Tuesday Tip: How to digitize your old photos

Tuesday Tip: How to digitize your old photos

Photographs. On paper. Remember them? If you’re of a certain age, you probably have a bunch of them in a box somewhere. Probably some really cool ones that’d look great on your social media pages (#fbf anyone?), not to mention those old family pictures that you’d like to preserve and share.

In order to make this happen, what you need to do is digitize those photos. Here’s how.

Get sorted

Before you dive in, take some time to arrange your photos into categories. This may sound obvious—and perhaps unnecessary—but keep in mind that you’ll be storing your newly digitized photos on your computer, external drive or in the cloud with a service like iCloud, Dropbox or Google Photos and it will be a lot easier to store your pictures and find them again if you’re well organized from the start.

Now, once you’ve got your photos sorted into categories, it’s time to scan them. You have several options to do this.

Use your phone or tablet

If you have just a few photos to scan and you want to expend minimum effort (which, after all, is pretty much what today’s on-demand society is about) you can simply put a photo down flat and take a picture of it with the camera on your phone or tablet. This is easy—but it won’t deliver the best result.

A better (less easy) method is to download a scanning app and use that. There are some good ones out there now, although not as many as you might guess. Here are two photo-scanning apps available in both Android and iOS versions.

  • Google PhotoScan: If you’re looking for quick-and-easy quality, this is it. The app is simple to use (it’s designed specifically to scan photos) and it virtually eliminates glare, which is the bane of many other photo-scanning apps. It takes around 25 seconds to scan one photograph.
  • Photomyne: The advantage of Photomyne is its time-saving ability to scan more than one photo at once. It also gives you the option to tag photos with names, dates, locations, and descriptions. Color rendering is good, though other apps do a slightly better job. If you want to save a lot of albums with Photomyne, you’ll have to pay a subscription fee.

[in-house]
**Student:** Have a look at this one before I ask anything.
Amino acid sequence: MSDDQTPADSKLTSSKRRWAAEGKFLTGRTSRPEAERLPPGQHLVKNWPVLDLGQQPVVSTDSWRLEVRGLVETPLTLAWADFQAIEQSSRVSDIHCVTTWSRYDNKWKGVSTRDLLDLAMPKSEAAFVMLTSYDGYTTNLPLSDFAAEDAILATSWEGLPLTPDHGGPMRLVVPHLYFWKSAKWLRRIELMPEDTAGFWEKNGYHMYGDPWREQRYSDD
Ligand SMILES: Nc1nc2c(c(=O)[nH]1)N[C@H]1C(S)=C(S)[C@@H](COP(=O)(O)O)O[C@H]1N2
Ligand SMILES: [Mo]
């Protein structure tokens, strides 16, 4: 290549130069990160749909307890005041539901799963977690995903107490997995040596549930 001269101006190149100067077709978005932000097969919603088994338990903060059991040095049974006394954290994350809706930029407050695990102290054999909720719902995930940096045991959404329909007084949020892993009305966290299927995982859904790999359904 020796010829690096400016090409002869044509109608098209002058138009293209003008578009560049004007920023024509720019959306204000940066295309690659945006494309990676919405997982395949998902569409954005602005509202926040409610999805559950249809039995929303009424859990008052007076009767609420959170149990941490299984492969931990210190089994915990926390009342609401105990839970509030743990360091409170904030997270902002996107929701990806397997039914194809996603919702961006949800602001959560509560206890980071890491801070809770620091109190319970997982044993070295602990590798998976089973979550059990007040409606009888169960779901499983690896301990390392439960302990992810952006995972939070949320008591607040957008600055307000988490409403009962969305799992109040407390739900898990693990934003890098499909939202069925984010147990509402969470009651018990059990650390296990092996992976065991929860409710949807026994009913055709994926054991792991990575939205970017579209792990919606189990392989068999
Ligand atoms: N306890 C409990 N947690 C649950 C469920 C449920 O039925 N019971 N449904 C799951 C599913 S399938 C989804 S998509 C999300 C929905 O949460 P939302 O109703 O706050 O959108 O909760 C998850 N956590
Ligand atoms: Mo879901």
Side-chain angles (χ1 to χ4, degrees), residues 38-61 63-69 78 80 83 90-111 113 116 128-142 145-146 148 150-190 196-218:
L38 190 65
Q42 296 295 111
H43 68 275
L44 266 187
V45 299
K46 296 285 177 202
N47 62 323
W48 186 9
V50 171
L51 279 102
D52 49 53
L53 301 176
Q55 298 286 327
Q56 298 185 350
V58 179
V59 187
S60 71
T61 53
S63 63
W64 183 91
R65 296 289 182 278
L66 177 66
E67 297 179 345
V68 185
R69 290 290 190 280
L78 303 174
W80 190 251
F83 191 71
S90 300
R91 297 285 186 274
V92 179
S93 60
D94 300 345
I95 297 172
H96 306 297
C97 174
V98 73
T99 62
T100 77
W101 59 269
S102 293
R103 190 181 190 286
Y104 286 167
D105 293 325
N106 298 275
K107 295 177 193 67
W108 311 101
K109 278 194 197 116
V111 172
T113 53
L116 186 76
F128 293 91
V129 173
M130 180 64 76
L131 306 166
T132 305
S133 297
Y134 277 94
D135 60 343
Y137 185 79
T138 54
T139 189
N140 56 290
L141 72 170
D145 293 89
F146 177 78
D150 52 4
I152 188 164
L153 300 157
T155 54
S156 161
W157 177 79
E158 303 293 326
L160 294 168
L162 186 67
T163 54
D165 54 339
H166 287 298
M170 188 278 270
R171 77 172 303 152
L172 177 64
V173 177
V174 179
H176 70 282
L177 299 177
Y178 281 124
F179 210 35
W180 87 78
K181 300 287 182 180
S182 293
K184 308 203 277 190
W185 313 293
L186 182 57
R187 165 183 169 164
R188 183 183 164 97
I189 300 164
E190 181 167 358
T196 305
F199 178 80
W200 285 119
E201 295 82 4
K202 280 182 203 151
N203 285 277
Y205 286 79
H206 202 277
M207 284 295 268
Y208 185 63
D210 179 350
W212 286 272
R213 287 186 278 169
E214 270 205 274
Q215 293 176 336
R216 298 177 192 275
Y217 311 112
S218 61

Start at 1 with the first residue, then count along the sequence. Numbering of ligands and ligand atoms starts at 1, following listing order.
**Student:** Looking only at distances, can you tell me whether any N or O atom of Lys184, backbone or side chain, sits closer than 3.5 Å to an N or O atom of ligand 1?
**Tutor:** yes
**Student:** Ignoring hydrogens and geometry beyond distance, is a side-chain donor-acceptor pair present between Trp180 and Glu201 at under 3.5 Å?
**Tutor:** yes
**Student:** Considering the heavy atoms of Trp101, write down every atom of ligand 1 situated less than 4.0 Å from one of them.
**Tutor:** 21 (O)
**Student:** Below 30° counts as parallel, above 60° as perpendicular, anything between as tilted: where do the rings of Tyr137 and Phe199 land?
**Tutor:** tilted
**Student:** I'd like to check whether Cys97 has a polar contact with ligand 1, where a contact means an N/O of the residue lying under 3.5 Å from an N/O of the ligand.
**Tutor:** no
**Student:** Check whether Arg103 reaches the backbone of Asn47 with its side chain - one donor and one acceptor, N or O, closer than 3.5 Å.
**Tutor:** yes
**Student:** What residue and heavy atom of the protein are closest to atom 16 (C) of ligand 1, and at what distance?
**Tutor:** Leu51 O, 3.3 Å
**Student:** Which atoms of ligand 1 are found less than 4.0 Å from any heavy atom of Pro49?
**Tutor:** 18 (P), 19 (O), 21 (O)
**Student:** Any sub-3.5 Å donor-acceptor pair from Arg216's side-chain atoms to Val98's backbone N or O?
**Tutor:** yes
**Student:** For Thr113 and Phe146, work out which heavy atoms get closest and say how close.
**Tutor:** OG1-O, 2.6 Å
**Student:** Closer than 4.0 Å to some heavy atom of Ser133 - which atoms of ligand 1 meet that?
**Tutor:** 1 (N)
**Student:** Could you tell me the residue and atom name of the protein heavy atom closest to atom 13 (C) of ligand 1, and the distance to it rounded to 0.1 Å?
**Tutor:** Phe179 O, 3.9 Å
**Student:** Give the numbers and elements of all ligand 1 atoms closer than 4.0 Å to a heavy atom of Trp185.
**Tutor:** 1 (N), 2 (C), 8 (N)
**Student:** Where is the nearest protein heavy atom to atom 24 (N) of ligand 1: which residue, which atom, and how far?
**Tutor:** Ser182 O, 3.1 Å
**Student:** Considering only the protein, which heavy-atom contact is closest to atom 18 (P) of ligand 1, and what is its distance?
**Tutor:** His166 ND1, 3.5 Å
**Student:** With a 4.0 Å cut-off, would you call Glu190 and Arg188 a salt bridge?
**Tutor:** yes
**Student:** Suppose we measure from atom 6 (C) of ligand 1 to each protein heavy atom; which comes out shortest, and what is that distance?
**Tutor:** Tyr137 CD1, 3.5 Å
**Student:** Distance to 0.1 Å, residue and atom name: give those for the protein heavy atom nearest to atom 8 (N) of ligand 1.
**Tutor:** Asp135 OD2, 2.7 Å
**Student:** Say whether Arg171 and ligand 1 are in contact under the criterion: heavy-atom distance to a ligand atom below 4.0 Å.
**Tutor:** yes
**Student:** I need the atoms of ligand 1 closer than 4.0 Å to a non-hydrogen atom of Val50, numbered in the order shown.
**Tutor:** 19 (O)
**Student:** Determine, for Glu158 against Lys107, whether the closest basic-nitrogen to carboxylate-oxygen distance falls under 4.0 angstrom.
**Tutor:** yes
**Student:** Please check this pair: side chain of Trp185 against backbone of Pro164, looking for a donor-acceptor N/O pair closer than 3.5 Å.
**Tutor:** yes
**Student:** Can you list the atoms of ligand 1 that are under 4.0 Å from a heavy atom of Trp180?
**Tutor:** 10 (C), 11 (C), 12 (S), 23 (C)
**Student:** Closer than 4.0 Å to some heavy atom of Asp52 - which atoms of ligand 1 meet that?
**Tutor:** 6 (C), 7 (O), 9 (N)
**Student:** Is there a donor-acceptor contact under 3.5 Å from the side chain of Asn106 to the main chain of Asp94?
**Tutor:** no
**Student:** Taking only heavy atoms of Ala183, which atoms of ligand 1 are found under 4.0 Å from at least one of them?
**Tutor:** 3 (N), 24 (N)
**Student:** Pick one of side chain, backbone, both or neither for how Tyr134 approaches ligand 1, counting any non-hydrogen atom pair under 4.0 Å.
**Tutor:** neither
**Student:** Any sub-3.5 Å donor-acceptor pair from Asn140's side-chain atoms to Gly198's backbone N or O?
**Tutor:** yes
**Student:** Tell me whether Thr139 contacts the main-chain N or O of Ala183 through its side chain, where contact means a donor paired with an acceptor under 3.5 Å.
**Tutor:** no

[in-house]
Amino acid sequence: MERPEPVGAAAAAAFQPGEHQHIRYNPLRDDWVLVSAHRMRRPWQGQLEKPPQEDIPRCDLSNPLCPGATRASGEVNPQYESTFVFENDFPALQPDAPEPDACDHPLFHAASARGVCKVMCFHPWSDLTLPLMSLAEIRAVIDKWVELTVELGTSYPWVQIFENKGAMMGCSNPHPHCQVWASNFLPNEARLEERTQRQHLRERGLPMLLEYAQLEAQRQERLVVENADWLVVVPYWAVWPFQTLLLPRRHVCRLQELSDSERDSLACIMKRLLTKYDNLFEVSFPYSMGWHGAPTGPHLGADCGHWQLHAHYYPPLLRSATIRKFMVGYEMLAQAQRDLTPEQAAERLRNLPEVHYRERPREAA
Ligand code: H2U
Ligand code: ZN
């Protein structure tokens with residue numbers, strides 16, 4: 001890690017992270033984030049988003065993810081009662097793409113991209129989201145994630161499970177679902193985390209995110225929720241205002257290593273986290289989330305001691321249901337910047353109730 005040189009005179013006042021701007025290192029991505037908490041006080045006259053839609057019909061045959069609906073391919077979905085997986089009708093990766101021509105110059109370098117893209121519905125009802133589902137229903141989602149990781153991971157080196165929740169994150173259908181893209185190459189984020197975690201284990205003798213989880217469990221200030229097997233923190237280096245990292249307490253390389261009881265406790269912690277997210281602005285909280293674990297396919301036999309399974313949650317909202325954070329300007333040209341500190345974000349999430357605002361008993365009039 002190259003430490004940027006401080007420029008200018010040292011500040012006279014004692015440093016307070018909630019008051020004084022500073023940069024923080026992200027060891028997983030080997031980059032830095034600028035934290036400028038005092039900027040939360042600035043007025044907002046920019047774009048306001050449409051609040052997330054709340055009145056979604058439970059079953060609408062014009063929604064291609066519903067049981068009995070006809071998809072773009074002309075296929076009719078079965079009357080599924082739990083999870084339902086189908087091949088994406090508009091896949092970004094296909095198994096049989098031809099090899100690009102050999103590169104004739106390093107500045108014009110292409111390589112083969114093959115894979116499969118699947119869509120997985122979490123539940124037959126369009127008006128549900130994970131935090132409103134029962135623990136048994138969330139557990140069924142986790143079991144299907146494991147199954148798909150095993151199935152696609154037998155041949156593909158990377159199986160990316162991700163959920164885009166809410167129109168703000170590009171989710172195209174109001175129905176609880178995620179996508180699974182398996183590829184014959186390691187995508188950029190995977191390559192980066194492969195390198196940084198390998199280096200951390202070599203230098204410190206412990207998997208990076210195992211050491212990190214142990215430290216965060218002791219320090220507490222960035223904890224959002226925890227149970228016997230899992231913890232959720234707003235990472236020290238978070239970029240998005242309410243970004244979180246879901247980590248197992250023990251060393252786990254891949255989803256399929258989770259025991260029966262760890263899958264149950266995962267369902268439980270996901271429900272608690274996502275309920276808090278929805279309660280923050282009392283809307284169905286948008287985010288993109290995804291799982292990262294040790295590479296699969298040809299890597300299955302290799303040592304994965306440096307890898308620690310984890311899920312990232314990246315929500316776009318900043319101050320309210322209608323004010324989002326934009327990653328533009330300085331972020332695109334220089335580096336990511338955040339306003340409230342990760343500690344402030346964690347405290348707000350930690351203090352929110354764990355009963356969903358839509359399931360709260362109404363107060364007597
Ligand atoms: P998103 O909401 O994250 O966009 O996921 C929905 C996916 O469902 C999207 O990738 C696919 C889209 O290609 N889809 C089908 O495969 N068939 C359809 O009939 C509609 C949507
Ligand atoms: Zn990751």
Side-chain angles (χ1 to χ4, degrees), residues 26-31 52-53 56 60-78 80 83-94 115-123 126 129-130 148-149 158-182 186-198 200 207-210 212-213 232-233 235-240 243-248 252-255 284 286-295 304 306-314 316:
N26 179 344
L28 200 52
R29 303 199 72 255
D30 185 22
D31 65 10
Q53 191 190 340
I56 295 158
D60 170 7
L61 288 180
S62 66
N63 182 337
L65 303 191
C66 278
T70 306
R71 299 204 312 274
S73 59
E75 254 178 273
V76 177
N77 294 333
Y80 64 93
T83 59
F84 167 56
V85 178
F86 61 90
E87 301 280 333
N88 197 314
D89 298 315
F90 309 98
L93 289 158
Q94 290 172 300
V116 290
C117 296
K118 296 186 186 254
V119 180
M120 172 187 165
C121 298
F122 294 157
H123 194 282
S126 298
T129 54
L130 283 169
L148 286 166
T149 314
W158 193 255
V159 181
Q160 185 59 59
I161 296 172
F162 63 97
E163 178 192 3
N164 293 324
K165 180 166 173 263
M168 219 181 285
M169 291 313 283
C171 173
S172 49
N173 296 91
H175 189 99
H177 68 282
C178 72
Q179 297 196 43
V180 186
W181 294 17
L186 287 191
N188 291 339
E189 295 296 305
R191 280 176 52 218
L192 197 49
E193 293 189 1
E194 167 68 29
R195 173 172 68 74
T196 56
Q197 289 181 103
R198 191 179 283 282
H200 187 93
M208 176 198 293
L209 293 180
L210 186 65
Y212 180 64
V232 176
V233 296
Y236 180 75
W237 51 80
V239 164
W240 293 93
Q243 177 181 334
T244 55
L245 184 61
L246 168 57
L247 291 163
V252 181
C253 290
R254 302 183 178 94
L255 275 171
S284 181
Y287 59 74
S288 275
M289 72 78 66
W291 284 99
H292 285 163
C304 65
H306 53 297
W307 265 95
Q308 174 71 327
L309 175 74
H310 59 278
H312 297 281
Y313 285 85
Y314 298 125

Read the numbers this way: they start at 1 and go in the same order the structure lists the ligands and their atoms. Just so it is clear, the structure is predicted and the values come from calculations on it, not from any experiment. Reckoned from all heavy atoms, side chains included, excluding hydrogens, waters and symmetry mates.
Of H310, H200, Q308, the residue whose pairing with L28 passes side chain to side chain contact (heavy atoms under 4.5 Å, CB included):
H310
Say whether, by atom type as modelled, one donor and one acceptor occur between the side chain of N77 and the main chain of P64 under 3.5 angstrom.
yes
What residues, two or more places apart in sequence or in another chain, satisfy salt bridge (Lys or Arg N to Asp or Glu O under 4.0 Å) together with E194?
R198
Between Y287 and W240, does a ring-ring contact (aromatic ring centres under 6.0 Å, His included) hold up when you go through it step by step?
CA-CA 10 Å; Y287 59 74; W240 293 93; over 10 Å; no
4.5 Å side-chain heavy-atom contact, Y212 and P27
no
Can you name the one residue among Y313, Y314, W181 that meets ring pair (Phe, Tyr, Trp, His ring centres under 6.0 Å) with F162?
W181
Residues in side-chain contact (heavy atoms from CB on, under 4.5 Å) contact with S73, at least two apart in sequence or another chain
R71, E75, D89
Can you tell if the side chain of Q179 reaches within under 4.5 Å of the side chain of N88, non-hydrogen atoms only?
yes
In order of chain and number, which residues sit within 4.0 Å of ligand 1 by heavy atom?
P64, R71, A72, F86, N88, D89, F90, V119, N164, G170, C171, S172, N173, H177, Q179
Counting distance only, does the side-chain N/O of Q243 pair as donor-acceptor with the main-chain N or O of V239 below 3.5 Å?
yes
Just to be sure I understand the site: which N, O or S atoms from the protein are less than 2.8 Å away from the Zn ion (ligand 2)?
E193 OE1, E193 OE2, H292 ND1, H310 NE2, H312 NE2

Get a good scanner

If you have a lot of photos to scan and you want high quality, this is the way to go. Yes, it’s an investment. But you can use your new scanner for much more than photos: documents, receipts for expenses, your passport when you travel—a lot of stuff.

There are several different types of scanners on the market. What you want is a flatbed scanner, which looks a bit like the top half of a copying machine: a glass bed where you lay your photo, a lid you close, a button you push to scan. Flatbed scanners, because they’re larger, produce the best image quality.

You can get a decent flatbed scanner from a recognizable brand for around $100. And nowadays even the lower-end scanners have handy features like photo editing and direct uploading to the cloud, which lets you send images straight to your cloud-storage account.

Choose your file format

Once you’ve scanned a photo, you have to save it—and when you do, you’ll have to choose a file format, most likely JPEG, PNG, TIFF or GIF. Which is the best? Depends on what you plan to do with your newly digitized photos.


The most popular format for photos that are uploaded and emailed, and probably the one you should choose. JPEG supports a full spectrum of colors and it’s practically universal—just about all devices and programs can open and save JPEGs. JPEG files are smaller than other formats, which means they’re compressed. This is good if you’re storing a lot of photos. But it’s not so good if you plan to edit your photos extensively. Each time you open, edit and save a JPEG, you lose quality.


A format designed to preserve quality. The upside is you can edit TIFF photos often with no loss of resolution. The downside is TIFF files, because they’re not compressed, use a lot of storage space. Almost any editing app will work with TIFF files.


A small file size that also maintains original quality, because PNG uses “lossless” compression. Unlike JPEG, the PNG format keeps text and logos crisp when posting online, so PNG is good for social media images with text and PowerPoints, etc.


Best for simple web graphics, not so good for scanned photos because the GIF format does not support a full spectrum of colors.

You’ll also have a choice of DPI (dots per inch) settings when you scan.
  • Print – 300 DPI: for printing photos, 300 DPI is fine, because that’s the most your average printer is made to handle.
  • Screen – 72 DPI: If your photos will be seen only on screen, choose 72 DPI, which is standard for most social media platforms and will produce smaller files that don’t take up too much storage space.
  • Fine Art – 600 DPI: Scan at 600 DPI to ensure you capture maximum color and detail. Scanning above 600 DPI will make your files larger but won’t give you more image detail.

Scanning your old photos takes a fair number of hours, true, but the satisfaction of having your pictures digitized, stored, and easy to share is worth the time. Enjoy.